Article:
As restaurants fill their seats with more experienced and savvy diners, the industry is facing a shortage that impacts us all; skilled workers. One of the organizations I spend time working with addresses this directly and will be hugely influential in 2016.  C-CAP, Careers through Culinary Arts Program, provides culinary training for under-served youth and helps students to gain entrance to culinary schools, find scholarships and eventually jobs in the work force. They do so by asking industry leaders what training should be mandatory and then turning this into a teaching strategy. The success rate is high and the personal stories coming out of the program are incredible and inspiring. C-CAP benefits not just the restaurants like my own who are challenged with finding reliable and passionate employees, but it benefits the student, the culture of urban American cities and it chips away at the jobless rate in neighborhoods like my own.

Bringing in young talent also gives me the opportunity to teach and elevate the conversations in the kitchen to a dialogue about food waste and efficiency. When I think about Harlem, I see that there is even more possibility for growth in practices that sustain local markets. I speak with my team on daily basis about embracing our neighbors. Communicating with local vendors and farmers help to sustain people within the community and when we utilize local markets to create specific menu items — it reinforces that message to our guests in the restaurant. It’s exciting to see dishes in my restaurants, Red Rooster and Streetbird, that were created specifically for what is available locally and seasonally. I truly believe that chefs can be the voice of these kinds of messages — messages that encourage models that are moving toward more sustainable practices in the food system.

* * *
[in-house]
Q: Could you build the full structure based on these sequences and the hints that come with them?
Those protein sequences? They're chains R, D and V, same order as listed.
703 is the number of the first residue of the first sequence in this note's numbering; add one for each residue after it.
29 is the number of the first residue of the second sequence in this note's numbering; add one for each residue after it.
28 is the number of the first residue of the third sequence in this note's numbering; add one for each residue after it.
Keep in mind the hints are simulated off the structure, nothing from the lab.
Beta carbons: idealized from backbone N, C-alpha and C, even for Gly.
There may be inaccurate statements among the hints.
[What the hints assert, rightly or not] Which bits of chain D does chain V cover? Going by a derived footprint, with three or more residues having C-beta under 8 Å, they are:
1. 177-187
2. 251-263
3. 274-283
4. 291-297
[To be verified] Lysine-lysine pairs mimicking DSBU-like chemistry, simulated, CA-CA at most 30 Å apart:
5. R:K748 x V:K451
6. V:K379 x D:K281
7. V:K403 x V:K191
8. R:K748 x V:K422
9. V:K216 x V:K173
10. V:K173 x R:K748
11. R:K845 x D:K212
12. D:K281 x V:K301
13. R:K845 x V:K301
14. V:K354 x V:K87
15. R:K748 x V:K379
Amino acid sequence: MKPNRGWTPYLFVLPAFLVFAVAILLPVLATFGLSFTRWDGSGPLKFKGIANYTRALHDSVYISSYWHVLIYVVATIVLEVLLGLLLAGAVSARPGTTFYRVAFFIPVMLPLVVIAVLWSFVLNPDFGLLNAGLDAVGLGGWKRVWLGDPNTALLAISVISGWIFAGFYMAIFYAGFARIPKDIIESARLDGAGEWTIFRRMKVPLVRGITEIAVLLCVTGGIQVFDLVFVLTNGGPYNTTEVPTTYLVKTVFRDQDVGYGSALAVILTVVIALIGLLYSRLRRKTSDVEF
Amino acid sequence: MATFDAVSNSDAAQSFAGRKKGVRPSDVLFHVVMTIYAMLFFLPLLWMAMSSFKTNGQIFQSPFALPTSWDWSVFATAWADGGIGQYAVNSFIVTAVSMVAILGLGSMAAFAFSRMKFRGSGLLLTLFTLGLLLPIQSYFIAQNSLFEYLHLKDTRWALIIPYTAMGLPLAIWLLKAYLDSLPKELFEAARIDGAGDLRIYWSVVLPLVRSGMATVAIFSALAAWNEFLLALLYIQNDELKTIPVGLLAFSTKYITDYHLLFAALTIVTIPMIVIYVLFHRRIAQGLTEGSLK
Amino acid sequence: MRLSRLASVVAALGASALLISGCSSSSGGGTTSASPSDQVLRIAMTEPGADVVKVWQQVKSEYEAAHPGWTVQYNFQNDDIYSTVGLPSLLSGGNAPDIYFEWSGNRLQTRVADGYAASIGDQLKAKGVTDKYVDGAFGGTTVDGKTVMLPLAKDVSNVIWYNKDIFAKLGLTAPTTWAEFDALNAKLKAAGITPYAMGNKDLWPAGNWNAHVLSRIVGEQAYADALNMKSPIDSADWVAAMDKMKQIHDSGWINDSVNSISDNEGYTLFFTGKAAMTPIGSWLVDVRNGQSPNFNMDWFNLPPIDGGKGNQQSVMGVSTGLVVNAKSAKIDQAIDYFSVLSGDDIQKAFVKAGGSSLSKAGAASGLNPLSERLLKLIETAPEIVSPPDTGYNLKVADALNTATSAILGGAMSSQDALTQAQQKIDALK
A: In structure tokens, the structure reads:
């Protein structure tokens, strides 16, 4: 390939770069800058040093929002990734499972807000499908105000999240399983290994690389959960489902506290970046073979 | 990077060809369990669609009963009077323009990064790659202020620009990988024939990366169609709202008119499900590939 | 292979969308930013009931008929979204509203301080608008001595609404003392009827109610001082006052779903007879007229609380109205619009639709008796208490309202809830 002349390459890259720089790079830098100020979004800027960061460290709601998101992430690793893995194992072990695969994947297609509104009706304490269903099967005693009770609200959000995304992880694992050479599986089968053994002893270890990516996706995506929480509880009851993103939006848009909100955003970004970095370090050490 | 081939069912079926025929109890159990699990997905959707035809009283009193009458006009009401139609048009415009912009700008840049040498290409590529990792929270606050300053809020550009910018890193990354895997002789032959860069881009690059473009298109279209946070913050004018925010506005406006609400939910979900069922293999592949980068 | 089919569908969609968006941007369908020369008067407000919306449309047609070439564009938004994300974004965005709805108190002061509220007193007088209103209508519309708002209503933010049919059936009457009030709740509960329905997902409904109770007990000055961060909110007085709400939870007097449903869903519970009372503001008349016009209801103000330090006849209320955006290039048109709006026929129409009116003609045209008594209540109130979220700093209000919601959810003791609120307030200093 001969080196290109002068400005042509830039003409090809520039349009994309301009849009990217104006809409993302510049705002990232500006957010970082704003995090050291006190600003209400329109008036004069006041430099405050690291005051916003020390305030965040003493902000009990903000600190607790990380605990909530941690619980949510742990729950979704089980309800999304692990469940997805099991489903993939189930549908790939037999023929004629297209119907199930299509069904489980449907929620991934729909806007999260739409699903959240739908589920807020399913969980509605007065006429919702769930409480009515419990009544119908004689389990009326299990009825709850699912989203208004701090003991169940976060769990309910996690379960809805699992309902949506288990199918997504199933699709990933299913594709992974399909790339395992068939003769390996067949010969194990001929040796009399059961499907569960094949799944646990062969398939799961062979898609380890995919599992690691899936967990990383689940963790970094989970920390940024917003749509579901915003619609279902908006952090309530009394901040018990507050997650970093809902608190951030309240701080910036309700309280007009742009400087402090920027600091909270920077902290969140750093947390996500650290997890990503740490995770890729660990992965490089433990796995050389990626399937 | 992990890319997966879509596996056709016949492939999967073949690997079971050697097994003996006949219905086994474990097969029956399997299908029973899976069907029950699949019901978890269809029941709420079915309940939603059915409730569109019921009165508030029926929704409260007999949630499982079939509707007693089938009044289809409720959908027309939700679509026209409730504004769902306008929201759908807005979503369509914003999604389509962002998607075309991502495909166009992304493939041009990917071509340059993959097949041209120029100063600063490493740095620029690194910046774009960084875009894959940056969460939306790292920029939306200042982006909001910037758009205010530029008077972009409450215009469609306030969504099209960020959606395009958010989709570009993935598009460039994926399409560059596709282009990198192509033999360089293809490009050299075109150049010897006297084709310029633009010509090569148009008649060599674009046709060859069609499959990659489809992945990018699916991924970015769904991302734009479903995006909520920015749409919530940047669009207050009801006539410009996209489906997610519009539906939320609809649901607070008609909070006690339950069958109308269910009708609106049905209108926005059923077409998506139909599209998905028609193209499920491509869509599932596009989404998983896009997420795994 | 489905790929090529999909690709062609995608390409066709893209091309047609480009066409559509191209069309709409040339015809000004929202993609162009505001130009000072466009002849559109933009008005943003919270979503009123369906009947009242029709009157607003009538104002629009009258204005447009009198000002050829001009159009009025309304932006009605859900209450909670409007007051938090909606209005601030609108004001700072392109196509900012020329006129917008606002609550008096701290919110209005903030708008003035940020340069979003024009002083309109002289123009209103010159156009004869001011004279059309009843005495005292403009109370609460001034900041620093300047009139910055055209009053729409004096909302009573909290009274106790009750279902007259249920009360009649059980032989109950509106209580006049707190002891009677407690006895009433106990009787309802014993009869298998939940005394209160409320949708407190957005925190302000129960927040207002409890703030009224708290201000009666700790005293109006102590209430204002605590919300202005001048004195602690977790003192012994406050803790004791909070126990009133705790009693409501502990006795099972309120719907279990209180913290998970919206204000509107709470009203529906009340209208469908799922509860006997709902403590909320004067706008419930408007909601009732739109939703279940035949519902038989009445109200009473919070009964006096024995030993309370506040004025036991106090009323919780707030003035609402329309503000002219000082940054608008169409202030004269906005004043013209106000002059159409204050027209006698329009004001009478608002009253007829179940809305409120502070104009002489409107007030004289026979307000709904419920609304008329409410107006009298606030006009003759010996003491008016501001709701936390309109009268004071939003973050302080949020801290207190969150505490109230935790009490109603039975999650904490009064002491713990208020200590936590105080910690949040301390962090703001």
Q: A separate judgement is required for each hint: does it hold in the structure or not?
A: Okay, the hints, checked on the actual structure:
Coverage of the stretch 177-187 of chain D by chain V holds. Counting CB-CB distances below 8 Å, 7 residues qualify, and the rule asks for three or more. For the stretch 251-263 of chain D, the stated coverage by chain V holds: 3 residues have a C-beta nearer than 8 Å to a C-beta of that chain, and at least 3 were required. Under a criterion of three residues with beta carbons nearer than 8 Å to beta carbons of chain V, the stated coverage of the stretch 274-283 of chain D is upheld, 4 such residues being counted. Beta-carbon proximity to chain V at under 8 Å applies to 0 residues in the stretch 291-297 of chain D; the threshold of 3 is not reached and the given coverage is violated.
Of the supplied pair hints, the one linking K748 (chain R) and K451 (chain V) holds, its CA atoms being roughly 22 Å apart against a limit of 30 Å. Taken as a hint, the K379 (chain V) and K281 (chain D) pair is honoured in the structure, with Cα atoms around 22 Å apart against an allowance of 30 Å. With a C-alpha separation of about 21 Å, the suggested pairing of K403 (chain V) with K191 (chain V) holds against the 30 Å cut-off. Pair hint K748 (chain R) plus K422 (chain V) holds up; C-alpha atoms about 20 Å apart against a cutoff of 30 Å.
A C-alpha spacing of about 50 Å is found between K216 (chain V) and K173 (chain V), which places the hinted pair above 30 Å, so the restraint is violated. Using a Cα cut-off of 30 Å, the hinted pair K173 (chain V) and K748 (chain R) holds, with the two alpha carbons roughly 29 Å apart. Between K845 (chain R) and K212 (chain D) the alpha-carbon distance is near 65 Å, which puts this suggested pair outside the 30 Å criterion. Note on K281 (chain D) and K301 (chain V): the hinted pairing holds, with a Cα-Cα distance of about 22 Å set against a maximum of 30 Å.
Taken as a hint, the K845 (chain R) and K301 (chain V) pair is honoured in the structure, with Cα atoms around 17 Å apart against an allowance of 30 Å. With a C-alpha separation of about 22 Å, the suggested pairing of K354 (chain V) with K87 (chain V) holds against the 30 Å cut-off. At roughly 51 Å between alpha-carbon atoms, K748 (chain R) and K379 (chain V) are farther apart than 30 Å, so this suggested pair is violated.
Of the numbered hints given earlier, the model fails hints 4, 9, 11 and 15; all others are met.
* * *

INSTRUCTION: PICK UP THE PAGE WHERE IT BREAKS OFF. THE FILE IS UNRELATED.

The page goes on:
In the next year, chefs will be challenged to think creatively about how to use all parts of the plant or animal and make serious considerations for sourcing responsibly. It is critical that as we learn, we teach others what we have learned, through programs like C-CAP. 2016 will challenge us as chefs, to utilize our platform in order to educate each other and reinforce the important messages of sustainable practices in the restaurant and beyond.

This post was originally published in series of posts by LinkedIn Influencers. In this series, professionals predict the ideas and trends that will shape 2016. Read all of the posts here and be sure to follow Marcus on LinkedIN.

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Swedish American Chamber of Commerce Green Summit: From Farm to Fork